Patient satisfaction ratings do not rise in proportion to hospital renovation expenditures, according to a pre- and post-evaluation study conducted by researchers at Johns Hopkins University School of Medicine. The study found that patients’ experiences of care were only modestly impacted by hospital aesthetics, despite the widespread belief that patient-centred facility design improves patient satisfaction.
"This means that patients are able distinguish the quality of care they get from doctors, nurses, housekeeping and other support services from the look and feel of where they are receiving the care,” said Zishan Siddiqui, MD, assistant professor of medicine at Johns Hopkins University School of Medicine.
New Facilities Do Not Guarantee Patient Satisfaction
A total of 5,663 patients were divided into two groups, one of which experienced a move to a new facility, and asked to rate their physicians, nurses and overall care. Patients who underwent a move during their hospital stay had higher facility-related satisfaction scores, but did not rate their overall care any more highly than those patients who did not move to a new facility. Data were adjusted for age, gender, duration of stay, insurance and illness severity in order to ensure that those variables did not affect results.
"We originally thought new and pleasing surroundings would improve patient satisfaction scores with physicians, nurses and overall care, but our study showed this is not the case," Siddiqui said. "Although we did see significant improvement in facility-related satisfaction scores, we did not see significant change in satisfaction related to care or overall satisfaction, for that matter.”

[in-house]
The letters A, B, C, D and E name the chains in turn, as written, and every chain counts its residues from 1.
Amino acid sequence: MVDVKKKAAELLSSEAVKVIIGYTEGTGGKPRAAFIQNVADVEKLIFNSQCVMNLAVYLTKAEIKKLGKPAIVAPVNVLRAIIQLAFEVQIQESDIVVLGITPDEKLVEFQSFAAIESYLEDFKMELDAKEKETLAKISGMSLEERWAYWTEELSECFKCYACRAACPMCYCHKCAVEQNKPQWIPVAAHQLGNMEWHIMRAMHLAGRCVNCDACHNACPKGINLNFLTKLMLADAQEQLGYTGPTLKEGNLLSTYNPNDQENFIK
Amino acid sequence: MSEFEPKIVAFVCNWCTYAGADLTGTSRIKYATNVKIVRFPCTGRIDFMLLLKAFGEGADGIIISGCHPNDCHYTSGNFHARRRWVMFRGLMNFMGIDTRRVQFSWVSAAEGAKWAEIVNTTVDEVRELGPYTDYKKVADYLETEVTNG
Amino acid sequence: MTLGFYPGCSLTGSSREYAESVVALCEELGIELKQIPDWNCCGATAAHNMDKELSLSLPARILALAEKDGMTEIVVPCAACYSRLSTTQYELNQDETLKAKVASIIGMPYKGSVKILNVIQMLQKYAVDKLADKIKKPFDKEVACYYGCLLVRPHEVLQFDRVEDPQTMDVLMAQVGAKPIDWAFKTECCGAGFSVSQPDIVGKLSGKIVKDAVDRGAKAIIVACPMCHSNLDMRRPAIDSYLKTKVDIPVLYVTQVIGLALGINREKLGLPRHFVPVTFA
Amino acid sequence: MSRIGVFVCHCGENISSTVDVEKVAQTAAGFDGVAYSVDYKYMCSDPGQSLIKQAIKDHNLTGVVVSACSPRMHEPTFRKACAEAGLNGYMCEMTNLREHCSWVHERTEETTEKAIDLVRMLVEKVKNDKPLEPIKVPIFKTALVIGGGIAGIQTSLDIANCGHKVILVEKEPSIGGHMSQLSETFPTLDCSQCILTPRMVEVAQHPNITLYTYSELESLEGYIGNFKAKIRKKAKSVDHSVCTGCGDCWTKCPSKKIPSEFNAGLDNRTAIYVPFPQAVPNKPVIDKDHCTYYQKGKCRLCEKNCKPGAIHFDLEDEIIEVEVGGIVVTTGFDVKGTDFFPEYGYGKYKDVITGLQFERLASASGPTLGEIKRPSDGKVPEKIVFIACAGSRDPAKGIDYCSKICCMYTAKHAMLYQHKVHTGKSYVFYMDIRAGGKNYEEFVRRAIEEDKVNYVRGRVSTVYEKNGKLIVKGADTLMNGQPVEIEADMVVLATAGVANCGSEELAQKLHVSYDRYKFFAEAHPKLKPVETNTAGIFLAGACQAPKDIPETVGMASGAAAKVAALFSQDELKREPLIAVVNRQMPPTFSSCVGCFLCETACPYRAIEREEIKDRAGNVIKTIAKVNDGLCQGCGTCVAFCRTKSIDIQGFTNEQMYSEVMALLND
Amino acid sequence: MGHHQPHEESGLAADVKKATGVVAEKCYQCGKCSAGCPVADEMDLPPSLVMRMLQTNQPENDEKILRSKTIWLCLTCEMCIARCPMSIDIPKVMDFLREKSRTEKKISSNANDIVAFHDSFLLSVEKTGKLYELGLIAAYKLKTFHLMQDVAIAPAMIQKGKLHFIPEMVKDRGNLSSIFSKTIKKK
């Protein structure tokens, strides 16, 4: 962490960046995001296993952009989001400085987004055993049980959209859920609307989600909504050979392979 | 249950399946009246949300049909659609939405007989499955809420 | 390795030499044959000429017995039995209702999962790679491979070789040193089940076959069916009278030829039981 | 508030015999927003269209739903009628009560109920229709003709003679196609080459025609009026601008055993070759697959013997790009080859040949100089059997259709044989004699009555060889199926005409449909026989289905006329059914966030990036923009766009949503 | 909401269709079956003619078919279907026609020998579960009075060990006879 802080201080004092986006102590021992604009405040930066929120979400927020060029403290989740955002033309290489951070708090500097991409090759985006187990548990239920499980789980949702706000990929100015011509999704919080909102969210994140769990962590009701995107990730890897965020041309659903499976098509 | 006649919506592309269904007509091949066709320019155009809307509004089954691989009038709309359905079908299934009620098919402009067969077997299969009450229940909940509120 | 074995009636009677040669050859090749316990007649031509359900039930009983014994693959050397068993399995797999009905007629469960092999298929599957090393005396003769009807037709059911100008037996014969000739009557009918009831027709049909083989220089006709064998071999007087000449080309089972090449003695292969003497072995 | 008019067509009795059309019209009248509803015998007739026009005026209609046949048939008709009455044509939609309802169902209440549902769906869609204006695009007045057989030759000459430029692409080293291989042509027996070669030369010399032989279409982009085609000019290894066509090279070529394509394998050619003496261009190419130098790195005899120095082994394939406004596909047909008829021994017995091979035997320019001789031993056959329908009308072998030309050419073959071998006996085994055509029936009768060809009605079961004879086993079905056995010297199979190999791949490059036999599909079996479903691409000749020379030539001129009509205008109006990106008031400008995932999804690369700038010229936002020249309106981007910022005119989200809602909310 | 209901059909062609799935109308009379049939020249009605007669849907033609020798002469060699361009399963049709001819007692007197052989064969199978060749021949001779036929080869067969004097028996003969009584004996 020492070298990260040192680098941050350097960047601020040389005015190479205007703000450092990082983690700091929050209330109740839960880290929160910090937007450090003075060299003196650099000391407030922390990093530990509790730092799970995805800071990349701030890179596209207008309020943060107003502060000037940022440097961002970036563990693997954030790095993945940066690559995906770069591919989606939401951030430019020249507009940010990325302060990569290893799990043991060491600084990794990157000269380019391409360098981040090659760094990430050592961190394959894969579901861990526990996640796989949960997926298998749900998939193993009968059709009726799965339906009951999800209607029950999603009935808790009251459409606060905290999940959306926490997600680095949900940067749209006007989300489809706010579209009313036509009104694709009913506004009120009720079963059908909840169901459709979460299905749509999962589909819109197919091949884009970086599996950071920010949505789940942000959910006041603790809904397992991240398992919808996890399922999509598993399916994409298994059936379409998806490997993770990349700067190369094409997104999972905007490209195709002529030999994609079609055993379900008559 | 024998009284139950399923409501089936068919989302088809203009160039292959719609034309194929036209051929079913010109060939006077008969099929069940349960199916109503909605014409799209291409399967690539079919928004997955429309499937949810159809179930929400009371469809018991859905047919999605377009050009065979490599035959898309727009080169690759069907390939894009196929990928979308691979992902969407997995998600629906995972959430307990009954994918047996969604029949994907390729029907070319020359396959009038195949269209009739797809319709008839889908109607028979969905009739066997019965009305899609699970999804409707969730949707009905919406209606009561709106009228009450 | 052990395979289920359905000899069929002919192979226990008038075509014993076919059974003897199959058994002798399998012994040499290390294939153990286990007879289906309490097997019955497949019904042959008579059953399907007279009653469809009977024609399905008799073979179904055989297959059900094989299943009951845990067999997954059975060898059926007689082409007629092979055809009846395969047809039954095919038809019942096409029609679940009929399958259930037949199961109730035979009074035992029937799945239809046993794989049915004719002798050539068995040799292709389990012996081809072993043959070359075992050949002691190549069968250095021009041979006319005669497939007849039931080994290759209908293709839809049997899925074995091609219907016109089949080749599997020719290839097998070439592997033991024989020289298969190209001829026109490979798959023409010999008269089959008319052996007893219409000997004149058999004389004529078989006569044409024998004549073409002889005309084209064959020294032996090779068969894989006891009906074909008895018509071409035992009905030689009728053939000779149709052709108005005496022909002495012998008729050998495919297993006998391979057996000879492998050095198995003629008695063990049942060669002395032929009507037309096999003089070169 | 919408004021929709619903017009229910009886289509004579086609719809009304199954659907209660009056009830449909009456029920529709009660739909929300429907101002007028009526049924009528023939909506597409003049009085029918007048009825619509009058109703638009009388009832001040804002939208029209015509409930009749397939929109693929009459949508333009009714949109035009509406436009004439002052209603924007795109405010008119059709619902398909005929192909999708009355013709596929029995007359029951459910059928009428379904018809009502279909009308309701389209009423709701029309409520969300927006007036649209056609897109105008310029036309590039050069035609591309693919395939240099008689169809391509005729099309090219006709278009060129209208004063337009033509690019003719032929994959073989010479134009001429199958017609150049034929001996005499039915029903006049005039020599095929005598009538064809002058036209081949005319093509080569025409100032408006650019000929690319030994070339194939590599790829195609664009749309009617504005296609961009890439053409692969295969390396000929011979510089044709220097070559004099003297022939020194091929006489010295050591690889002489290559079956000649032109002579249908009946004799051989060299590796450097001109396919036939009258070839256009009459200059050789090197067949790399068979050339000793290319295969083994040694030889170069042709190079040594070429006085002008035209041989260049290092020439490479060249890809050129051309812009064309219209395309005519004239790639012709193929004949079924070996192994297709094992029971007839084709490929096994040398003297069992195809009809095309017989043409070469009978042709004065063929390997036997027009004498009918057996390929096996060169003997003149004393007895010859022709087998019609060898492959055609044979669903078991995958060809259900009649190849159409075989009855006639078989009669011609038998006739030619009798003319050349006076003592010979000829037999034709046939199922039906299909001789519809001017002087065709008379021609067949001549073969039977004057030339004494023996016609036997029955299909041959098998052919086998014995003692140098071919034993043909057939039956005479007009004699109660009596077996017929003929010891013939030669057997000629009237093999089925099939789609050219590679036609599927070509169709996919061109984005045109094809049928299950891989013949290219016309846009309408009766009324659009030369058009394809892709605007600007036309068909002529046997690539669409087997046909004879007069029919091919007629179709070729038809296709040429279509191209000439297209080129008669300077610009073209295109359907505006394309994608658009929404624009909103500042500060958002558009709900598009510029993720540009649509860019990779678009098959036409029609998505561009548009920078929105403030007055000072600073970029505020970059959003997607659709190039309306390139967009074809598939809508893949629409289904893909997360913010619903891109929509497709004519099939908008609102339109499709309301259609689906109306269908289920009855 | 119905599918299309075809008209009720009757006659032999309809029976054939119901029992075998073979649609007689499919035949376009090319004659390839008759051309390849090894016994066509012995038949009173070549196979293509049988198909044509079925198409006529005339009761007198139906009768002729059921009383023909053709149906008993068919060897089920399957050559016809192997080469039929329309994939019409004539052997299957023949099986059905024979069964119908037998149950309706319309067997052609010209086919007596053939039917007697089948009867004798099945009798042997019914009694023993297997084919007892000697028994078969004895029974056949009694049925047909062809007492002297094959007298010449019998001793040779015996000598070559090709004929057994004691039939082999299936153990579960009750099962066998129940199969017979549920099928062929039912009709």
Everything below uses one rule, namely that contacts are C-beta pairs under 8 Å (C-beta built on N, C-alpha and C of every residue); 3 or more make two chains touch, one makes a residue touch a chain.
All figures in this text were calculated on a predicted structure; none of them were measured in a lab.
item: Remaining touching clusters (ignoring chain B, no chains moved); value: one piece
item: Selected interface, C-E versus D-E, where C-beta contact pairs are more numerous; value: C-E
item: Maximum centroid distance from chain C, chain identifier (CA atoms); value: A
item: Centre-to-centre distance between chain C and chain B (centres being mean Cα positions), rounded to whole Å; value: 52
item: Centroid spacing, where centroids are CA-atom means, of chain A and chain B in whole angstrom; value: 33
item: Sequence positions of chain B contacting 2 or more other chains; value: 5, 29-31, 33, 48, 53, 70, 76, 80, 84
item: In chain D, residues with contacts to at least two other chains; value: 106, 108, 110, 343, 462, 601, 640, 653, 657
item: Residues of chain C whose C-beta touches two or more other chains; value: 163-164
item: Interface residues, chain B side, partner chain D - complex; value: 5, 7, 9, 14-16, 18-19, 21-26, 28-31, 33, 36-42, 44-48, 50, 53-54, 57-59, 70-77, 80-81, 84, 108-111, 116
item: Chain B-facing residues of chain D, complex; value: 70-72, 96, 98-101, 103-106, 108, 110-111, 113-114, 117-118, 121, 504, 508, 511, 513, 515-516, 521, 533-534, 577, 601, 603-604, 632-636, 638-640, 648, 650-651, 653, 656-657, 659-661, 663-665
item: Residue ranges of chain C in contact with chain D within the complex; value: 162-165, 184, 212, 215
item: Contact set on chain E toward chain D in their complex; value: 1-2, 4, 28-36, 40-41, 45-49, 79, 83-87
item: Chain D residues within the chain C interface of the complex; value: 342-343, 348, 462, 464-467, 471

Patients Will Benefit From Improved Education and Training
Hospital leaders who point to ageing buildings as causes for poor patient satisfaction may benefit from prioritising projects that focus on personalised care and provider training, the authors suggest. Education programs that involve patients and their families in how to make informed care decisions is another area likely to impact patient satisfaction.
The authors acknowledge that additional research will help to determine which factors most affect patient satisfaction, such as race and readmission rates. ”We’d also like to look at how we can improve patient health through improving satisfaction,” said Siddiqui. “Our study was a great start in discovering the impact of a hospital setting on patient satisfaction, but there's so much more we can discover in this realm that may improve patient outcomes.”
The study was conducted by Siddiqui and Daniel Brotman, MD, professor of medicine at Johns Hopkins University School of Medicine, along with their colleagues. They analysed data from surveys conducted by the Hospital Consumer Assessment of Healthcare Providers and Systems and by consulting company Press Ganey. Both evaluate patient experiences of hospital performance.
The report appears in the March 2015 issue of the Journal of Hospital Medicine.
Source: Johns Hopkins Medicine
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